Animation Cel of Sleeping Beauty as Briar Rose signed

This delicate image of Sleeping Beauty as Briar Rose is a rare animation art cel signed by Mark Davis, Frank Thomas and Ollie Johnson. They are all considered Disney legends and they were three of what became known as Disney’s Nine Old Men. These nine were the Walt Disney Company’s core of animators. They were responsible for most of the great work done on the Disney films from the 1920’s on.

Sleeping Beauty

Marc Davis animated the evil Maleficent along with her pet raven Diablo, some Prince Phillip and other scenes. Davis also designed countless other Disney characters and many of the rides at Disneyland. Frank and Ollie animated the three fairies Flora, Fauna and Merryweather.

Sleeping Beauty was always comfortable and at one with the forest creatures who befriended her.

Film Title:

Sleeping Beauty

Image Title:

Animation Cel of Sleeping Beauty as Briar Rose signed
Year: 1959
Studio: Disney Studios
Width of Image = 2.5 inches
Height of Image = 5 inches
Width of Art = 13 inches
Height of Art = 8 inches
Background: Presentation Background
Price $6,000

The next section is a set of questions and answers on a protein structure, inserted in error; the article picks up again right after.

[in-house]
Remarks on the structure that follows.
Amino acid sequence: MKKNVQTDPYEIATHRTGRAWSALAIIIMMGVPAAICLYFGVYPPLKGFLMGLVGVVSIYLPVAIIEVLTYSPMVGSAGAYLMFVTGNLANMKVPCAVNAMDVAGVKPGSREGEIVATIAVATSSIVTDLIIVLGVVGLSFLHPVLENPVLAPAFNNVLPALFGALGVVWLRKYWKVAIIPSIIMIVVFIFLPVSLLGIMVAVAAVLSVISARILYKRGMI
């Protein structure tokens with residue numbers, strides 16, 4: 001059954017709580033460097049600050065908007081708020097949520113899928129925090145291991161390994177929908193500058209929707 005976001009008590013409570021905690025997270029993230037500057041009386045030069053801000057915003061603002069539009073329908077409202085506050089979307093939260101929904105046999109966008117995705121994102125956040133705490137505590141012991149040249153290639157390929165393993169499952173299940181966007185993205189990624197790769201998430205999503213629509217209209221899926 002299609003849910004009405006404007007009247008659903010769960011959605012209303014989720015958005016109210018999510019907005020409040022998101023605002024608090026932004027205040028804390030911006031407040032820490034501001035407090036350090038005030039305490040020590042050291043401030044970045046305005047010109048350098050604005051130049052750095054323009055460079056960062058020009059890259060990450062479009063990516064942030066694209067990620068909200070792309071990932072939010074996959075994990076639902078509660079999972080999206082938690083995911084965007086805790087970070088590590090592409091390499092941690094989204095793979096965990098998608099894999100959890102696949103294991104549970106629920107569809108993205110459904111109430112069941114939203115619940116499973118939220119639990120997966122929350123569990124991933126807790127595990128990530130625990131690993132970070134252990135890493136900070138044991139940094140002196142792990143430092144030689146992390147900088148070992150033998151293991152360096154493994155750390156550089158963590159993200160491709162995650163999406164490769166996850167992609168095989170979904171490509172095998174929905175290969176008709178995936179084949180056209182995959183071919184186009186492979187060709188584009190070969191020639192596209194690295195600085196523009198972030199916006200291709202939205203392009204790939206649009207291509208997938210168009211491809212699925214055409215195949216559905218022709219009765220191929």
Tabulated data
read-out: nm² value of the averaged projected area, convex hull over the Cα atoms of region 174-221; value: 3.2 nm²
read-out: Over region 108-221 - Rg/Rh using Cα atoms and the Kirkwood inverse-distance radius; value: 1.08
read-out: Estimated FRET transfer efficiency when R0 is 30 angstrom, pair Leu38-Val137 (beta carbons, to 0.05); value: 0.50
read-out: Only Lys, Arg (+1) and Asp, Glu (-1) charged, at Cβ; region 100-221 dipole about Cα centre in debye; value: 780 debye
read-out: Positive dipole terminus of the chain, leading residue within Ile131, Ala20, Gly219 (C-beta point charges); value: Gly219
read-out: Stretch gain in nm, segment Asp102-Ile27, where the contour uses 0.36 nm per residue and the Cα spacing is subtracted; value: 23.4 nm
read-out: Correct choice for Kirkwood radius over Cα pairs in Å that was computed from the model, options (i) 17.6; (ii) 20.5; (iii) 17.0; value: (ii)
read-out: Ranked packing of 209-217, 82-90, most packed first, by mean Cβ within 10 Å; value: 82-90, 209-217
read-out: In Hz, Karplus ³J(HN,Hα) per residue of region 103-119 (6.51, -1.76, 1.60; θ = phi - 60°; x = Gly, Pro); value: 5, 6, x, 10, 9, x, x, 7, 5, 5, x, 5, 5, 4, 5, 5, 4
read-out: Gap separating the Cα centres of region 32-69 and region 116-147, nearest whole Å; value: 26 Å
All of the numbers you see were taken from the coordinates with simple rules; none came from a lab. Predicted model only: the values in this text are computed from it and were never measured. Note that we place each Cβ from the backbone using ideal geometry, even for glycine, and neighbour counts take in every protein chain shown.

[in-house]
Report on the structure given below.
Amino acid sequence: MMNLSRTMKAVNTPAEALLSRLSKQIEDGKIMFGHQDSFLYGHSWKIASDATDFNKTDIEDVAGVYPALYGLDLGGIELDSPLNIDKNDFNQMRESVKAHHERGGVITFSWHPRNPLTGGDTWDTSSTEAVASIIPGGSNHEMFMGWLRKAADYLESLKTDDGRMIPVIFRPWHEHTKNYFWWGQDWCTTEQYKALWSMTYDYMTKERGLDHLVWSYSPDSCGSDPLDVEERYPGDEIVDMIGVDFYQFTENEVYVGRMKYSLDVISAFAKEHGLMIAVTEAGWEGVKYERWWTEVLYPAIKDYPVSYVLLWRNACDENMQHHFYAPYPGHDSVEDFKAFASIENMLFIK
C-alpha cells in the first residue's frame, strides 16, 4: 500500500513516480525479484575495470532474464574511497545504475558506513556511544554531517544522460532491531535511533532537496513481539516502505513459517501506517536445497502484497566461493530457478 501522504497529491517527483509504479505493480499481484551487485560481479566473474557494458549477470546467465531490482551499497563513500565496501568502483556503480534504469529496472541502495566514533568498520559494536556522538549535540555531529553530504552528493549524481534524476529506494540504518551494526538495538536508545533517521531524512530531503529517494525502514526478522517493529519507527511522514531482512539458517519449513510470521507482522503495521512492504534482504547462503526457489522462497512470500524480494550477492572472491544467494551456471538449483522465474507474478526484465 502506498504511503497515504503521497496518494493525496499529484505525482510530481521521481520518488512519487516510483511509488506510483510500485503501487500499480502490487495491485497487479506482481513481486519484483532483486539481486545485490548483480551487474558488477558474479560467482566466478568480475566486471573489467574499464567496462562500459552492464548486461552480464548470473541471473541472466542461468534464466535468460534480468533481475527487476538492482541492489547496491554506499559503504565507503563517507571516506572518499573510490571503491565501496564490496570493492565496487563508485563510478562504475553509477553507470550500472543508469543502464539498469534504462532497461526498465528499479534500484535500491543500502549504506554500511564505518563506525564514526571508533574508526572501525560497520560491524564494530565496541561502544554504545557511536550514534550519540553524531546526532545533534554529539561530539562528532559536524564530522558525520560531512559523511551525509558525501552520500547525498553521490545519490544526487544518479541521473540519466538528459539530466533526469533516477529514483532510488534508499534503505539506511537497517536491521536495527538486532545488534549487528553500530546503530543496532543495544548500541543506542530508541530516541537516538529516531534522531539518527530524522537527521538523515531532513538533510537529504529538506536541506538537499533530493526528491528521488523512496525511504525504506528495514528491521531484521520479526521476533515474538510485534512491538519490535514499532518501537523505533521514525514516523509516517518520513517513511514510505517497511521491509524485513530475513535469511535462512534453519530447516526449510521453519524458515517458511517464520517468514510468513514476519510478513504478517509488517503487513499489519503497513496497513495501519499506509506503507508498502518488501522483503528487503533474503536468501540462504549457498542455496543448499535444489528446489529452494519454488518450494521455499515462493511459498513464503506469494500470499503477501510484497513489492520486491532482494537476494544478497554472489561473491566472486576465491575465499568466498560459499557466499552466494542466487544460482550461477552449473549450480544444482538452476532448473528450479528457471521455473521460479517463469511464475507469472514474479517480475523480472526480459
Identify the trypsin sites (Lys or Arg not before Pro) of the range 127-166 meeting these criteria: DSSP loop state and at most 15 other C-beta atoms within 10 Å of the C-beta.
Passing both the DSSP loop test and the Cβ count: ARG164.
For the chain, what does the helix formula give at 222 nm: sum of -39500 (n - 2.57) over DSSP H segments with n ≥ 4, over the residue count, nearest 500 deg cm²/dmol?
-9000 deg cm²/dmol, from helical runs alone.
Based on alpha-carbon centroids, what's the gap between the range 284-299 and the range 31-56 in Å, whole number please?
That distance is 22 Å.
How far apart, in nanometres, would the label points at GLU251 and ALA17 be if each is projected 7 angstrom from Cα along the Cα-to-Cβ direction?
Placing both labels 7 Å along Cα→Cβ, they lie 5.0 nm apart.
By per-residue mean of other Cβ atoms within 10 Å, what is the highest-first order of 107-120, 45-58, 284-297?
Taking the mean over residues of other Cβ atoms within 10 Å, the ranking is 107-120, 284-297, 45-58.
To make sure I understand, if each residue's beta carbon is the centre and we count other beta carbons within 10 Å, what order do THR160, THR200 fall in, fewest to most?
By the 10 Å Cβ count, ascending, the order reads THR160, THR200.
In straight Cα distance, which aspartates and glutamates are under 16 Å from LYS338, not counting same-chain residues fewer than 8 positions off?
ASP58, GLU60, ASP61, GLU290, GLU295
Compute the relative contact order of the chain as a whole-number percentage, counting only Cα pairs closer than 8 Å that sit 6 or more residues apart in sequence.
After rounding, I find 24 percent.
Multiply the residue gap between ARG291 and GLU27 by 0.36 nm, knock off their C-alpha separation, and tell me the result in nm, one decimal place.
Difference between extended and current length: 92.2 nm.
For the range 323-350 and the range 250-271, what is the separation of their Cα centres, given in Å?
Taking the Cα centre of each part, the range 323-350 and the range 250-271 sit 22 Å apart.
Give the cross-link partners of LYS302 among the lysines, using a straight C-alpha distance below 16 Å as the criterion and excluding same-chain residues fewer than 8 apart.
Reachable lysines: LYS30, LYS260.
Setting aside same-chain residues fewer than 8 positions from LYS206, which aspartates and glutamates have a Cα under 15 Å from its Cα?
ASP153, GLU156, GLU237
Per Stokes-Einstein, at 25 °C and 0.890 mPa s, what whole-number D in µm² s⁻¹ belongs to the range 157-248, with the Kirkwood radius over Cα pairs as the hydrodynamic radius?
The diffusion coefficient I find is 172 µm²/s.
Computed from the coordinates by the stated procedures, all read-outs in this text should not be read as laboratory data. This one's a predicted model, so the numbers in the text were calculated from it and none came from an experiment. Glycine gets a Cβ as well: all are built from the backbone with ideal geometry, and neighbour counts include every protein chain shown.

In November 1950, Walt Disney officially announced he was developing Sleeping Beauty as an animated film. Disney envisioned this picture as his ultimate masterpiece, a film that he felt would be the pinnacle of his studio’s achievements in the field of animation. At the same time, he realized, if his staff returned to the fairy tale format, they couldn’t duplicate Snow White or Cinderella; it was necessary to develop new methods of storytelling to make Sleeping Beauty as special and as different as they could. As Walt told author Bob Thomas, “You’ve got a lot of elements to consider. For one thing, you fight to do something that breaks away from what we’ve done before. Sleeping Beauty was tough, because it had a lot of the elements that we had in Snow White and Cinderella. You’ve got to give the animators new things to work on to keep their enthusiasm up. All of a sudden in a meeting, one of them will say, “Haven’t we don’t this before?”—and we have, so we have to change it all over again…” After the production title was registered on January 19, 1950, Walt assigned a small team of Bill Peet, Ted Sears, and Winston Hibler to begin adapting Perrault’s tale to the style of Disney feature. A particular challenge was to increase the conflict in the plot, so the story team decided to significantly expand the role of the evil fairy; it was also decided to make her a far more powerful and sinister character, the opposite of the depiction of the old hag in the original fairy tale. The film was originally a failure and did not make up the huge cost of the film. Along with the mixed critical reception, it was also noted to be the film that caused Walt Disney to lose interest in the animation medium. However, the subsequent re-releases proved massively successful, and critics and audiences have since hailed it as a beautiful animated classic.
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